1. Bring all the ingredients to room temperature. Preheat the oven to 300 degrees. Grease and flour a bundt pan (or your Lucinda's Wooden Cake Box), tapping out excess flour.

2. In a medium bowl, whisk together the flour, salt and baking soda. In another medium bowl, whisk the sugar to break up clumps.

3. In the bowl of a standing mixer fitted with a paddle attachment, cream the butter and shortening, stopping to scrape down the sides. Slowly drizzle in the sugar; cream the mixture well. Beat in the eggs one at a time, adding the next when the last has been incorporated. Mix in the vanilla. On low speed, mix in a third of the flour mixture until just combined. Add a third of the buttermilk, mixing until just combined. Repeat with the remaining flour and buttermilk. Add the lemon juice and mix to combine.

4. Pour the batter into the prepared pan. Bake until a cake tester inserted comes out clean, about 75 minutes. The top of the cake will be lightly browned, and the sides will shrink slightly from the pan. Cool for 20 minutes before inverting onto a cake platter.

5. Before serving, stir together the glaze ingredients and spoon over the top and sides of the cake. It’s even better the next day.

Adapted from Cheri Cruze. Serves 10 to 12.

24 April 2009

Famous Food Friday -- Lee Miller

If life is indeed a banquet, then Lee Miller is Top Chef.

Miller was a fashion model, the muse and student of Man Ray, a photographer and war correspondent for Vogue, photographing the London Blitz and the amazing journey of American troops from Paris to Dachau. Later, she married surrealist painter, Roland Penrose, and indeed became a top chef.

She grew increasingly tired of hearing Europeans disparage American cuisine. Rather than verbally defend the garish taste of Americans, Miller did what any good surrealist might do, she embraced the worst of the worst and transformed it into something magical.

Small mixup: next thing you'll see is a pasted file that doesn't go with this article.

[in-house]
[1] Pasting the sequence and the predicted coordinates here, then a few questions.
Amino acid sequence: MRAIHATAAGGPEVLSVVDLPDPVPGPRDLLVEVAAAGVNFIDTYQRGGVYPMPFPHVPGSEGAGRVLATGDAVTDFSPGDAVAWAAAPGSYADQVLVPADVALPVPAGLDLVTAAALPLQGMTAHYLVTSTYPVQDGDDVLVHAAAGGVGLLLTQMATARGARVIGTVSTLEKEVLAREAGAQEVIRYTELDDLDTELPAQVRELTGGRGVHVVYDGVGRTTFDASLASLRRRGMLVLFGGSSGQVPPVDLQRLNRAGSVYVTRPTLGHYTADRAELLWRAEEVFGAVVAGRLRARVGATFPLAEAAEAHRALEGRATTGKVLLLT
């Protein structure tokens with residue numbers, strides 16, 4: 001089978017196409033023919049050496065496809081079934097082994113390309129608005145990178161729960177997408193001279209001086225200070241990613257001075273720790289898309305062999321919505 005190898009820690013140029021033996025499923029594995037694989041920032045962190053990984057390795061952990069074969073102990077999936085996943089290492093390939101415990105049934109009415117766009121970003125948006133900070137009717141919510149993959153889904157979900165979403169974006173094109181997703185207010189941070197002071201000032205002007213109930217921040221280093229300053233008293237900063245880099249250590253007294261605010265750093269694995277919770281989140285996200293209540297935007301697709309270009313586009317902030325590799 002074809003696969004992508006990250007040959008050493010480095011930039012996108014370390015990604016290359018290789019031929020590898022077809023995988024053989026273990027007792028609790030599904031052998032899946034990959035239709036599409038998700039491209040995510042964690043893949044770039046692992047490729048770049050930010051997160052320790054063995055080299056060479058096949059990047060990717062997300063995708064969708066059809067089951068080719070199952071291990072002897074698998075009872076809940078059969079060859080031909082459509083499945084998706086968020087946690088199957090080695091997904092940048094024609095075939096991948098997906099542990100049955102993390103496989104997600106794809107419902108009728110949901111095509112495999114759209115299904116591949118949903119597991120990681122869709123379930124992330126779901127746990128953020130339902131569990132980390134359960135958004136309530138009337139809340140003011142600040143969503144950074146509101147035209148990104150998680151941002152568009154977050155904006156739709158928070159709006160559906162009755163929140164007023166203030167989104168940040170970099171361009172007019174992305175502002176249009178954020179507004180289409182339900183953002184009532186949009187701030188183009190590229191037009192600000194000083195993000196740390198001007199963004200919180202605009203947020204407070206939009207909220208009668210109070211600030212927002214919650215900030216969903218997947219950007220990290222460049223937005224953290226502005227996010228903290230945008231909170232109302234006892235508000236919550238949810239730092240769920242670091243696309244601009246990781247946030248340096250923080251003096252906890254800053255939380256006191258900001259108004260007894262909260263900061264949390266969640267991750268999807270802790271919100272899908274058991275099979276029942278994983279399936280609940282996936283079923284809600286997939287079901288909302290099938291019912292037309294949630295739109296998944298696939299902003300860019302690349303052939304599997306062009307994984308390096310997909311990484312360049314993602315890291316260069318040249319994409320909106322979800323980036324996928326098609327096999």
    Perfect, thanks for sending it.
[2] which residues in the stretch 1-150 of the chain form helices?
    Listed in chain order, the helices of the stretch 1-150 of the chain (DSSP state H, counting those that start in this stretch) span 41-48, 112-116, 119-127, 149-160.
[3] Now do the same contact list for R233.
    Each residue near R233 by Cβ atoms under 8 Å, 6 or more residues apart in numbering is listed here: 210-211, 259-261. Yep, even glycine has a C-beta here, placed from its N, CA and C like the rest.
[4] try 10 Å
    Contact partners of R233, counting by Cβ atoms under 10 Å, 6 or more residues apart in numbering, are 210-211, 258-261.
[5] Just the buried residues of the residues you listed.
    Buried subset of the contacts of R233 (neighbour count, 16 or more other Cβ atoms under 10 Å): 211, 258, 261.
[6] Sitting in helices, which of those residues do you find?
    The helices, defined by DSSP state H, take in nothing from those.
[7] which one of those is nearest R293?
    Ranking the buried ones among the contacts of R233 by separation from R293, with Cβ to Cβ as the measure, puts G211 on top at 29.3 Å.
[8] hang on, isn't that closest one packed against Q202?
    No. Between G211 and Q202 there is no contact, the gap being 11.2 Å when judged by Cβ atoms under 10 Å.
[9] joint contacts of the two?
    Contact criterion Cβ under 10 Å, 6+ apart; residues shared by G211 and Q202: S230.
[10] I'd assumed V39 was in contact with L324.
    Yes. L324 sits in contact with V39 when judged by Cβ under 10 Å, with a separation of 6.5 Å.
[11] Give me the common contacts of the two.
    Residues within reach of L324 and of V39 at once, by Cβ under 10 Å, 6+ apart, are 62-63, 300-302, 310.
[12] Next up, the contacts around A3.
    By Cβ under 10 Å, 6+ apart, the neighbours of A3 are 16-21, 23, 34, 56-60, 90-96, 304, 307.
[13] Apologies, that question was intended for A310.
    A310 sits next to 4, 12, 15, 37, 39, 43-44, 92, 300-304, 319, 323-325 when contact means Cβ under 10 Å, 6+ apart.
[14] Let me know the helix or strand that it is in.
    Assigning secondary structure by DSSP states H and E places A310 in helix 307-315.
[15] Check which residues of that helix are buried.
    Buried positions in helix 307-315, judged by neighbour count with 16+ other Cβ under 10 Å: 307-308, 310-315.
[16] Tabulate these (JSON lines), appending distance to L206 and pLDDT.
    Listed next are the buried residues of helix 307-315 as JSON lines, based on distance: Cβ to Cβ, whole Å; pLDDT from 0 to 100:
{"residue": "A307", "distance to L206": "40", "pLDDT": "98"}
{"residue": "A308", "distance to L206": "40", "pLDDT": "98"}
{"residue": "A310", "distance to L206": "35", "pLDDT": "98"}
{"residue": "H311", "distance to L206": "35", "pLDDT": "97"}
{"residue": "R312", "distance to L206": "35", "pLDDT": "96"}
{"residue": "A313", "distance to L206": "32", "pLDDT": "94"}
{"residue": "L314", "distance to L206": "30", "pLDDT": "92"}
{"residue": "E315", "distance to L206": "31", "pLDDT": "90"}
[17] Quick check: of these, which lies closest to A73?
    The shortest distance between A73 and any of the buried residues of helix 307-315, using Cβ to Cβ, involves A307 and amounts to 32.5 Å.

So what if we drink Coke...

So what if we drink Rum and Coke...

So what if we top out sweet potatoes with marshmallows...

Lee Miller's Marshmallow-Coca-Cola Ice Cream

24 marshmallows (Miller doesn't say, but probable the large kind)
1 can Coca-Cola (12 ounces)
juice of one lemon
pinch of salt
2 tablespoons rum
1 cup heavy cream

Dissolve marshmallows in half the Coca-Cola over low heat. Add remaining cola, lemon juice, and salt. Whip together: freeze in ice cube tray.
When frozen but still mushy, remove, add rum and cream, and whip again. Refreeze until solid, whipping once again after half an hour for a smooth ice cream.

Lee Miller's life is truly fascinating and her biography was written by one of the best writers around, Carolyn Burke. So far Burke has written about two of my most favorite people, Lee Miller and Mina Loy. If you want to know the whole scoop on Miller, pick up Burke's biography, Lee Miller: A Life.

There are numerous books featuring her photography, but I am partial to The Lives of Lee Miller written by her son, Antony Penrose.

22 April 2009

Wednesday Etiquette

"Laugh, and the world laughs with you; Weep, and you weep alone"

Ella Wilcox Wheeler

Today’s etiquette tips come from the two-volume collection on etiquette, Correct Social Usage. Compiled in 1907, The New York Society of Self Culture gathered together eighteen of the country’s leading arbiters of social correctness to assemble their expertise into this two-volume compendium of how to behave. The most famous of the writers is the above quoted, Ella Wilcox Wheeler and first in our gallery experts.

Correct Social Usage provides info from the street to the table. Here are some examples.

Manners In Public

Manners in public are the plainly seen stamp which marks men and women as coming from homes where social proprieties either are or are not observed. The proper stamp should be properly affixed to the little as well as the larger matters.